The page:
For the 1995 Mike T. who found this figure, Backblast's accessories were all new and amazing. No other figures I had found to that point included the same weapon tree as Backblast. And, the fact that the weapons were all in black just cemented them as among the best accessories I had seen to that point. The main rifle that you see in the photos below (originally from Cloudburst) became the default weapon for Backblast. I needed him to be an infantry trooper, so that rifle made sense. The black hand held artillery weapon (originally from the 1991 Eco Warriors) became a standard piece of equipment on my APC. It was available for any Joe who had immediate need to destroy a Cobra tank or plane.

This figure is, basically, the same mold as the original Backblast figure. The lone difference are the arms. Gone is the arm holster for Backblast's knife and the entire arm molds are from the 1990 Topside figure. It's a small difference and not one that really matters. But, it separates the two figures in a slight way. There is also a Backblast variant. The chest logo can either be large or small. My figure has the large logo that encompasses most of the free space on Backblast's shirt that is not covered by his harness and gear. A quick perusal of figures available for sale indicates that the smaller logo figure is substantially harder to find. I don't think one is really better than the other, but it's something of which the eagle eyed variant hunter should be aware.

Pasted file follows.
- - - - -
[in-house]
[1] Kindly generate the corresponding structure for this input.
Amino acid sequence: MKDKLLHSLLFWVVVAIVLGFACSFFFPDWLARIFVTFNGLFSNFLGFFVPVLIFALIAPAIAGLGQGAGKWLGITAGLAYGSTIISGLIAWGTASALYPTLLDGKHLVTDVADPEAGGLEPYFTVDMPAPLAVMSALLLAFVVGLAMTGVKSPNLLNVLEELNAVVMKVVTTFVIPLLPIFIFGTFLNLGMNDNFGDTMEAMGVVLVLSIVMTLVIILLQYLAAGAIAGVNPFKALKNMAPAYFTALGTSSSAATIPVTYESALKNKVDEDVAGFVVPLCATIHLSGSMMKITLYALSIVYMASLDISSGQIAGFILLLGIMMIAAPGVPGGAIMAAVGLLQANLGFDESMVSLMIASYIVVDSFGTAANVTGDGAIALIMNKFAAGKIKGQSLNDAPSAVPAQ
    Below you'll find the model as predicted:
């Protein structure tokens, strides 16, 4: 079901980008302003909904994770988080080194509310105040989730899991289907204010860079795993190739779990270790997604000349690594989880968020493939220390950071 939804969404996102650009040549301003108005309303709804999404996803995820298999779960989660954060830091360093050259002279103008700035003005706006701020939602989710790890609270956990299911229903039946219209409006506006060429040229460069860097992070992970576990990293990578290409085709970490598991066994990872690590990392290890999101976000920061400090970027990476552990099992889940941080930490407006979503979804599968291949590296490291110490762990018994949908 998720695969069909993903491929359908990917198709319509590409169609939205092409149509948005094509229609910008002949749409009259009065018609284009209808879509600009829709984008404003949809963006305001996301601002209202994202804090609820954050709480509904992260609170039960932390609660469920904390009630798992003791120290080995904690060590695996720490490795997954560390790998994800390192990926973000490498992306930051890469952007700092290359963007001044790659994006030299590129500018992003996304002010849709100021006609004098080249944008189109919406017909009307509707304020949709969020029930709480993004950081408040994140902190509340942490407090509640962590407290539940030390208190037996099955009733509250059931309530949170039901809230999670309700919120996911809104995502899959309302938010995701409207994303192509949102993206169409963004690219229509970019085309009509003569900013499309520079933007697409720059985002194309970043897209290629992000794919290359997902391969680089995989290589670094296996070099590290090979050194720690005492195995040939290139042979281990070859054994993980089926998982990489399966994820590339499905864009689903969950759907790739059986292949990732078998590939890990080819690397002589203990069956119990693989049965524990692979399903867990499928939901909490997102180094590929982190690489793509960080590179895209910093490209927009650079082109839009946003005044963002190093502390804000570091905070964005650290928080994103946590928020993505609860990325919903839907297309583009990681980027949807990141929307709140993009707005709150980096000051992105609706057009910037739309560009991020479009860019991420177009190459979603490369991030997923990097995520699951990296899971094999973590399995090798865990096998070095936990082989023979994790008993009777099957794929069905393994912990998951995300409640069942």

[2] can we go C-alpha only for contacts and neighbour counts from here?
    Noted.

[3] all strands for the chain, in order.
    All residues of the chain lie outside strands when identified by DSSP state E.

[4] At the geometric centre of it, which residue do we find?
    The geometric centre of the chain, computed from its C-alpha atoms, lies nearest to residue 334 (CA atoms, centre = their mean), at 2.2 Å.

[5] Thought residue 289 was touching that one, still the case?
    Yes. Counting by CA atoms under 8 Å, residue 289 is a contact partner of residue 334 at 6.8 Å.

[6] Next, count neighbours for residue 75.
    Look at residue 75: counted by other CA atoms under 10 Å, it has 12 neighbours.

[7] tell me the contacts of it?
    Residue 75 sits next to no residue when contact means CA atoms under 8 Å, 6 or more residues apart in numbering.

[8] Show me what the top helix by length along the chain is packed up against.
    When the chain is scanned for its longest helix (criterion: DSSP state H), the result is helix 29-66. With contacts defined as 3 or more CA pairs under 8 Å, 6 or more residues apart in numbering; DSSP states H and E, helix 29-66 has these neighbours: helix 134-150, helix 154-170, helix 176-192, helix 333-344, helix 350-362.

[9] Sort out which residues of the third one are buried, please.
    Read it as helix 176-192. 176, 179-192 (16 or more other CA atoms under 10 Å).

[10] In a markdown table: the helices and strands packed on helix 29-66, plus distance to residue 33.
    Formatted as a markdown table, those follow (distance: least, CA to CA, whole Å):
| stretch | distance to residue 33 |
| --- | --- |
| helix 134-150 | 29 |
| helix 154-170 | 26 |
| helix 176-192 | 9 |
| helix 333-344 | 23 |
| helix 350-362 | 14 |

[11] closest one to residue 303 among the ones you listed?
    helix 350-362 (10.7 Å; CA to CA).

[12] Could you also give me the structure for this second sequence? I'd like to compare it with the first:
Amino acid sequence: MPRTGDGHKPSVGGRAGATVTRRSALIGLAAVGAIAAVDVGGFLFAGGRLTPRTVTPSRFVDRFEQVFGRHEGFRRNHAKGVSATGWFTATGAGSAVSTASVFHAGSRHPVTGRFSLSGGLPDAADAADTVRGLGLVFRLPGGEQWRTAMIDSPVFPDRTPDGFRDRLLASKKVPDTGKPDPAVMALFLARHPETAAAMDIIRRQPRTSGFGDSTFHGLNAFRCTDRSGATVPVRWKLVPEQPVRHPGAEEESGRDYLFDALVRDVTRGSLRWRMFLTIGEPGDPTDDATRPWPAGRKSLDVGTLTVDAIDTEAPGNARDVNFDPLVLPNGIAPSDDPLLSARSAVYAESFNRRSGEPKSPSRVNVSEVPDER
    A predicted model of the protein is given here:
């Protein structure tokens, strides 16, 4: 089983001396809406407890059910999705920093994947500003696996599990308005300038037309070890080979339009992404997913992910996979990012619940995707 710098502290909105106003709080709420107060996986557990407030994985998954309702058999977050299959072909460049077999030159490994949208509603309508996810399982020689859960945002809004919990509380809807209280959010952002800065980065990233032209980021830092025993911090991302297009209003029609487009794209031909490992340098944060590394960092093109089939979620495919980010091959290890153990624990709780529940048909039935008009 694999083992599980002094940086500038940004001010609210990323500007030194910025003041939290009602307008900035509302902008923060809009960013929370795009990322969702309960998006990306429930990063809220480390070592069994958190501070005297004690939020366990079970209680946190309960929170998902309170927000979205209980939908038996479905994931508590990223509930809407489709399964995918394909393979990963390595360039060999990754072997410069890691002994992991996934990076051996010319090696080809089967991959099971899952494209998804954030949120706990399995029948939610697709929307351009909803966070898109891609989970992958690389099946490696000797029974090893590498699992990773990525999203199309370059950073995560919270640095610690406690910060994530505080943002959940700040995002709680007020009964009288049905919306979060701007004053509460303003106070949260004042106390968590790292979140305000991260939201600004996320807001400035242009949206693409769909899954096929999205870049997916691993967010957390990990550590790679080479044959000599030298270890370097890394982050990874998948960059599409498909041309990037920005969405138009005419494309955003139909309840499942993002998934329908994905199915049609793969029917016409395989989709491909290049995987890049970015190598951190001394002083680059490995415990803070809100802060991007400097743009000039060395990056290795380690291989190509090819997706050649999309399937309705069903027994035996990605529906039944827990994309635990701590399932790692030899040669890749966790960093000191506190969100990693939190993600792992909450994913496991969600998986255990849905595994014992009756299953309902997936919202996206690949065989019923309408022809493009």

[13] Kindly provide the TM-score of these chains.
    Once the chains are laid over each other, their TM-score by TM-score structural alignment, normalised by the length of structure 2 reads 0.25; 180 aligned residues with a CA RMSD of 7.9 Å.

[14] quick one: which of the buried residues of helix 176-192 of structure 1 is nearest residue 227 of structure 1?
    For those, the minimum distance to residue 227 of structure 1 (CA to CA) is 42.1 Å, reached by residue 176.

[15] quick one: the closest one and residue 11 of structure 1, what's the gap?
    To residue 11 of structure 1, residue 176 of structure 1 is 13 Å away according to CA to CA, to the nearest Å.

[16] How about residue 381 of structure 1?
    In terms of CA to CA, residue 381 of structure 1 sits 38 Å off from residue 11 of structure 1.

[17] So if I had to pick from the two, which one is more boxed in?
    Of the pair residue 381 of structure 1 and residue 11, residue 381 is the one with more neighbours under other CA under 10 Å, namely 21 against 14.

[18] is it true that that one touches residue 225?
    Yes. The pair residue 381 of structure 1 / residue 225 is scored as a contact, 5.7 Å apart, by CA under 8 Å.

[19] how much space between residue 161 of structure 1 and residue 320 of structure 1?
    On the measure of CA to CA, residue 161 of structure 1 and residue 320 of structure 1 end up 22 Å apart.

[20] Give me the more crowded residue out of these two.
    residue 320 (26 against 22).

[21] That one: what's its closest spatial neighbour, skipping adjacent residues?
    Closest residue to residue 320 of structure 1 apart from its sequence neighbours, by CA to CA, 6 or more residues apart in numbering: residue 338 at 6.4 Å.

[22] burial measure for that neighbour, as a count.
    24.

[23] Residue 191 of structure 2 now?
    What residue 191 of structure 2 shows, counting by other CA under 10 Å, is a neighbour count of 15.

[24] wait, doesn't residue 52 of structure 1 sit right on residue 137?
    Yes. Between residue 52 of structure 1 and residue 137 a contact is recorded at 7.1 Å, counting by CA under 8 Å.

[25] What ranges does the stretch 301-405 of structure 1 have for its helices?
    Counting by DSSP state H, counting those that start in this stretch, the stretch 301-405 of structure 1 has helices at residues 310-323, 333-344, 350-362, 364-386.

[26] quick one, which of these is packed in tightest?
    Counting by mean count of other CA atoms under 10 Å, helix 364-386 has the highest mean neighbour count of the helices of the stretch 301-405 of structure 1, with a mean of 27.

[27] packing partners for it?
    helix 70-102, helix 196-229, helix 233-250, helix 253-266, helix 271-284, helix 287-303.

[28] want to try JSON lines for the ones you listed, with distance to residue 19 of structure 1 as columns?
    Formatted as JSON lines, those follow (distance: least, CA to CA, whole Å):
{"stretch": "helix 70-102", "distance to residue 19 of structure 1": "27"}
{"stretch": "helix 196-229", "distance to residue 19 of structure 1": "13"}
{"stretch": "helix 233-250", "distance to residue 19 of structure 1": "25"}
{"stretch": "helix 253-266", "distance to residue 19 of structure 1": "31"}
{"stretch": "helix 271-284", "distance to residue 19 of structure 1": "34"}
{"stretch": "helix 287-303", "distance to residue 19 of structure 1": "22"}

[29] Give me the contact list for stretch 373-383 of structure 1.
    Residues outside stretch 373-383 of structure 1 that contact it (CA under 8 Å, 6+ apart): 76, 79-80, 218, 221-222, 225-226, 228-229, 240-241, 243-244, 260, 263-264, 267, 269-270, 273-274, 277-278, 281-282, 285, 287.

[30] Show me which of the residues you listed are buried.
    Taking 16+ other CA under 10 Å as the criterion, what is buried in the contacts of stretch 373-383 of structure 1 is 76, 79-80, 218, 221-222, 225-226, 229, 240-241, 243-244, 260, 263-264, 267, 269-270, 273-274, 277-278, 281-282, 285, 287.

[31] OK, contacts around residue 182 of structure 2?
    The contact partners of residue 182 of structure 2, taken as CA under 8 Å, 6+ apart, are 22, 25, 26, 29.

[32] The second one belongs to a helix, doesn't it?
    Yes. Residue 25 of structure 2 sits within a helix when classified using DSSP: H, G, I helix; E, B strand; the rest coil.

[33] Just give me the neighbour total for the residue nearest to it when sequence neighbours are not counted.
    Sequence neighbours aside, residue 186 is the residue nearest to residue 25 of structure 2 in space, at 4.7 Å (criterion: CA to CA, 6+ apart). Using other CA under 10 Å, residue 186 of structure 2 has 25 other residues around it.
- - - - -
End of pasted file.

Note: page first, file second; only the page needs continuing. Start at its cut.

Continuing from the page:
The Backblast mold saw three uses. The original use in 1989 had, far and away, the best accessories. This 1993 version is a solid followup, but doesn't really bring anything new to the character. After this figure's release, though, the mold was sent down to Brazil. There, Estrela released Leontor. This was a new character who made up part of the Forca Fera subset. Including a crappy, molded plastic lion, Leontor was basically Backblast in the 1989 colors. (There are some subtle differences.) After Leontor, the mold disappeared. Big Boa, who was released alongside Leontor as Kangor, did show up in India in the late 1990's. Backblast may or may not have made the trip with him. The mold would have lent itself to a variety of solid potential repaints in the 2000's. But, it was not to be. Still, these three versions are enough for Backblast aficionados to track down.

Like most 1993 regularly released Battle Corps figures, this Backblast is not expensive. Carded figures run between $8-$12 and loose, mint and complete figures sell for half of that. For a figure of this quality, that's a good price. If you only want one Backblast figure, the 1989 is superior in terms of color and accessories. But, this version is a nice way to bring some diversity to the character and also use him in more than one display without having to to buy multiples of the 1989 figure. This figure is another example of someone I would not have carded about were it not for the fact that he was part of my final retail purchases in the 1990's. That gives him value to me beyond the Backblast character. For as cheap as the figure is to acquire, though, most collectors will be able to find some value in him. The solid colors, acceptable accessories and pre-existing character do make the figure worth owning.

1993 Backblast, Battle Corps, 1992 Duke, 1982 Flak, Bazooka, 1985 Bomb Disposal

1993 Backblast, Battle Corps, 1992 Duke, 1982 Flak, Bazooka, 1985 Bomb Disposal

1993 Backblast, Battle Corps, 1992 Duke, 1982 Flak, Bazooka, 1985 Bomb Disposal